For passenger, hands down the Niagara or the T1 Duplex.
Sounds to me that your actual favorite is the NYC C1a.
Actually, in all seriousness there was a fairly detailed proposal for the C1a. One of the 'regulars' on the YouTube NYC Group (Hugh T. Guillaume) has a twenty-odd page document describing it (unstreamlined, with what looks like a long Niagara boiler and a properly large firebox and chamber), and Al Staufer did an ink drawing of a side view at speed in NYC Later Power.
Aside from West Albany Hill, the Water Level Route was better suited to duplexes than was much of the PRR. As I recall the C1a was to have Baker gear to piston valves, so plenty of room for a conjugating shaft, and divided drive would have solved any major issue with main pins or buckling rods...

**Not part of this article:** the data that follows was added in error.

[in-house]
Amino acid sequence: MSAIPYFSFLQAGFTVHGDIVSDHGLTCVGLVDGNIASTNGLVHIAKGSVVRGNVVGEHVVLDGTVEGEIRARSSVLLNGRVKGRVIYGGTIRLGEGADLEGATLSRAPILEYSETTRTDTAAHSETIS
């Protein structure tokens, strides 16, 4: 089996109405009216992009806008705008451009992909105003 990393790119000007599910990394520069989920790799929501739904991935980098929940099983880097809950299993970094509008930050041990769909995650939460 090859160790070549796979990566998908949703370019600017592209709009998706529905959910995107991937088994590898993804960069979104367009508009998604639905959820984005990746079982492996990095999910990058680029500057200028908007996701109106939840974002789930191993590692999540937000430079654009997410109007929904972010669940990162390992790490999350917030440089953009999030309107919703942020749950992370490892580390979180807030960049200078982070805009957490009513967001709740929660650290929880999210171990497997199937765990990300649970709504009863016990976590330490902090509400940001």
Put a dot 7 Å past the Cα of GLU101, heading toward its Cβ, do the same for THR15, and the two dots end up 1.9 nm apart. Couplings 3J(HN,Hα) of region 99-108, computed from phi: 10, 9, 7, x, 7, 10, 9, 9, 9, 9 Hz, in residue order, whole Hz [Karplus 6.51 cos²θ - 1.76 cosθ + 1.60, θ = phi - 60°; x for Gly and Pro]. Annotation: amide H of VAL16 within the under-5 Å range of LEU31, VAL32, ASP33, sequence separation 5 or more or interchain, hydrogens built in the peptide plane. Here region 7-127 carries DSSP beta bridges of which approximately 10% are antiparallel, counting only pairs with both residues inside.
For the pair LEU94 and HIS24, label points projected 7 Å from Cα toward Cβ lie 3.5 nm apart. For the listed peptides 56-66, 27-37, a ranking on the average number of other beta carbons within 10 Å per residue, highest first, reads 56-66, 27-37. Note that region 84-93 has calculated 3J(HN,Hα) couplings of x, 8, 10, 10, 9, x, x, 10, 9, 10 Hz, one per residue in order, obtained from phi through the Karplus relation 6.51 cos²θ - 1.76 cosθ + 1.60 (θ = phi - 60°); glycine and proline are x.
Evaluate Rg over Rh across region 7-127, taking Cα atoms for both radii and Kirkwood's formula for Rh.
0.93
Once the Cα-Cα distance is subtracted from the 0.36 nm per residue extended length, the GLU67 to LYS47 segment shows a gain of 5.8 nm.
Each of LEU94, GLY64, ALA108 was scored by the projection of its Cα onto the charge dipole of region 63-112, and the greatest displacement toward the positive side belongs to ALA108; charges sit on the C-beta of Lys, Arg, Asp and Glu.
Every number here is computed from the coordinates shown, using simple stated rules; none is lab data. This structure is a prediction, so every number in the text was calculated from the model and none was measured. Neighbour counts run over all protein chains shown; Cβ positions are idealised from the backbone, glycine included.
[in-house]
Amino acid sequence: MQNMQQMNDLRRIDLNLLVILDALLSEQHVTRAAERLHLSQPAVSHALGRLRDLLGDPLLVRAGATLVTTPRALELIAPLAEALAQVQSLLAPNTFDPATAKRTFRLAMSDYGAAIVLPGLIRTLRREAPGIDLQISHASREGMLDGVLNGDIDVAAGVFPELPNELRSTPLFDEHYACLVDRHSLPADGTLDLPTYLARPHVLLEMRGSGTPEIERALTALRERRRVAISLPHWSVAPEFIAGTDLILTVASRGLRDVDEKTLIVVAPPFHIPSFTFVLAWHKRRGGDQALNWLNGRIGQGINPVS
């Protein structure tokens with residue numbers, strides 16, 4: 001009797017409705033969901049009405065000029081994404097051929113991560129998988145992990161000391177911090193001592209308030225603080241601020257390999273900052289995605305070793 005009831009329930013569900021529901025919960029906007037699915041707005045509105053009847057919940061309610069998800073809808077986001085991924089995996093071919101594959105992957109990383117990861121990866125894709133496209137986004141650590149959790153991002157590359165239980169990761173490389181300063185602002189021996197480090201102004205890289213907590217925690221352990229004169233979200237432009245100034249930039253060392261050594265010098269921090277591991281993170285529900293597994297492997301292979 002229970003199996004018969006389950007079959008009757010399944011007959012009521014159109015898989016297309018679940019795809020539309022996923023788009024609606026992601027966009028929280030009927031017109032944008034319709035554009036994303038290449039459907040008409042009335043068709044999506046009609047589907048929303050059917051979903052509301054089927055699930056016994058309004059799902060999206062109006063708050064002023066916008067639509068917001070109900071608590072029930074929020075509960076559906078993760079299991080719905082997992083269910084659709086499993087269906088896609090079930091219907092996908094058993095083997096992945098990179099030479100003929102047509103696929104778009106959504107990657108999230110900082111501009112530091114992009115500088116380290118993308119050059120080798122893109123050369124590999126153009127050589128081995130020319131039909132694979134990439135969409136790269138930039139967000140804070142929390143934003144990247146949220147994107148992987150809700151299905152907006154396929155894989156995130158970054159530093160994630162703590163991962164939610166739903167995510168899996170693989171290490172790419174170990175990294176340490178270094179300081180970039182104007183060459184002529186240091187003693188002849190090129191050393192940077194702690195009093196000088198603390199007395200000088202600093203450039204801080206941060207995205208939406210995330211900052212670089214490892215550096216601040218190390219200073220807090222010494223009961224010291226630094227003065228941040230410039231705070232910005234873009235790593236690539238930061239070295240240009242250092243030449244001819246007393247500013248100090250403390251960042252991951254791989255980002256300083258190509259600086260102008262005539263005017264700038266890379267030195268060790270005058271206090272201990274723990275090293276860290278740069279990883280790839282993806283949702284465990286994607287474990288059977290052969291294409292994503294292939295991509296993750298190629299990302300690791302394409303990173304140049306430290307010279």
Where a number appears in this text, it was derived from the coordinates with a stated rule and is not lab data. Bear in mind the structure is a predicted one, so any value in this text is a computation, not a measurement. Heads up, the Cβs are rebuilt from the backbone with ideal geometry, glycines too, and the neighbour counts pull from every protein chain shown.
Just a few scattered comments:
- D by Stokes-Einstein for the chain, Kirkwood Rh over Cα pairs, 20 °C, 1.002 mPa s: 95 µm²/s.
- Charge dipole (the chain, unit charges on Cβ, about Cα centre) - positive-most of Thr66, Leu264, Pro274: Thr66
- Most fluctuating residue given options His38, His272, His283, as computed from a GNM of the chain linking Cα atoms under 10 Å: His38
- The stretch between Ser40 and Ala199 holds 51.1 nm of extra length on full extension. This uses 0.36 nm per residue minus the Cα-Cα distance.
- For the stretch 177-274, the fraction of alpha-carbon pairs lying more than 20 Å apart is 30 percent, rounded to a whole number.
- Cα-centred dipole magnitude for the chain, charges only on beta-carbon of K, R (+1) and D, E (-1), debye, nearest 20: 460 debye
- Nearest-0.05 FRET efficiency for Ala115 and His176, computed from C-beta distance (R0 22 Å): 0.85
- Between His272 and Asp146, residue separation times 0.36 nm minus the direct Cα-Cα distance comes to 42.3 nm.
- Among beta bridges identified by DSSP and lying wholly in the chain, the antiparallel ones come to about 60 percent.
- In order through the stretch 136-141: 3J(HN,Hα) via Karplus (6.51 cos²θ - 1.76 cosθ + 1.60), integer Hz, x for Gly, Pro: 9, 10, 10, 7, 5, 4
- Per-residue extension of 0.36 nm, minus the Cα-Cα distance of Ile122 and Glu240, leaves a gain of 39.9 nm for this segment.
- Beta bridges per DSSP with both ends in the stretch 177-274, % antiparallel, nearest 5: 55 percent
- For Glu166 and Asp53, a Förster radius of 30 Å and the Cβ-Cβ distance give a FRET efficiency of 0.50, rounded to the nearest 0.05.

Of course, Arnold Haas to the contrary NYC had no particular need of 120mph power; even the successful passenger diesels were geared low, and the ICC order on train control that went into effect by 1951 put a damper on any speed increase that might have become more feasible as the Great Steel Fleet began to thin out in that decade. By the time PRR had worked the conceptual bugs out of the duplex, the entire market for new passenger steam had collapsed completely (1948).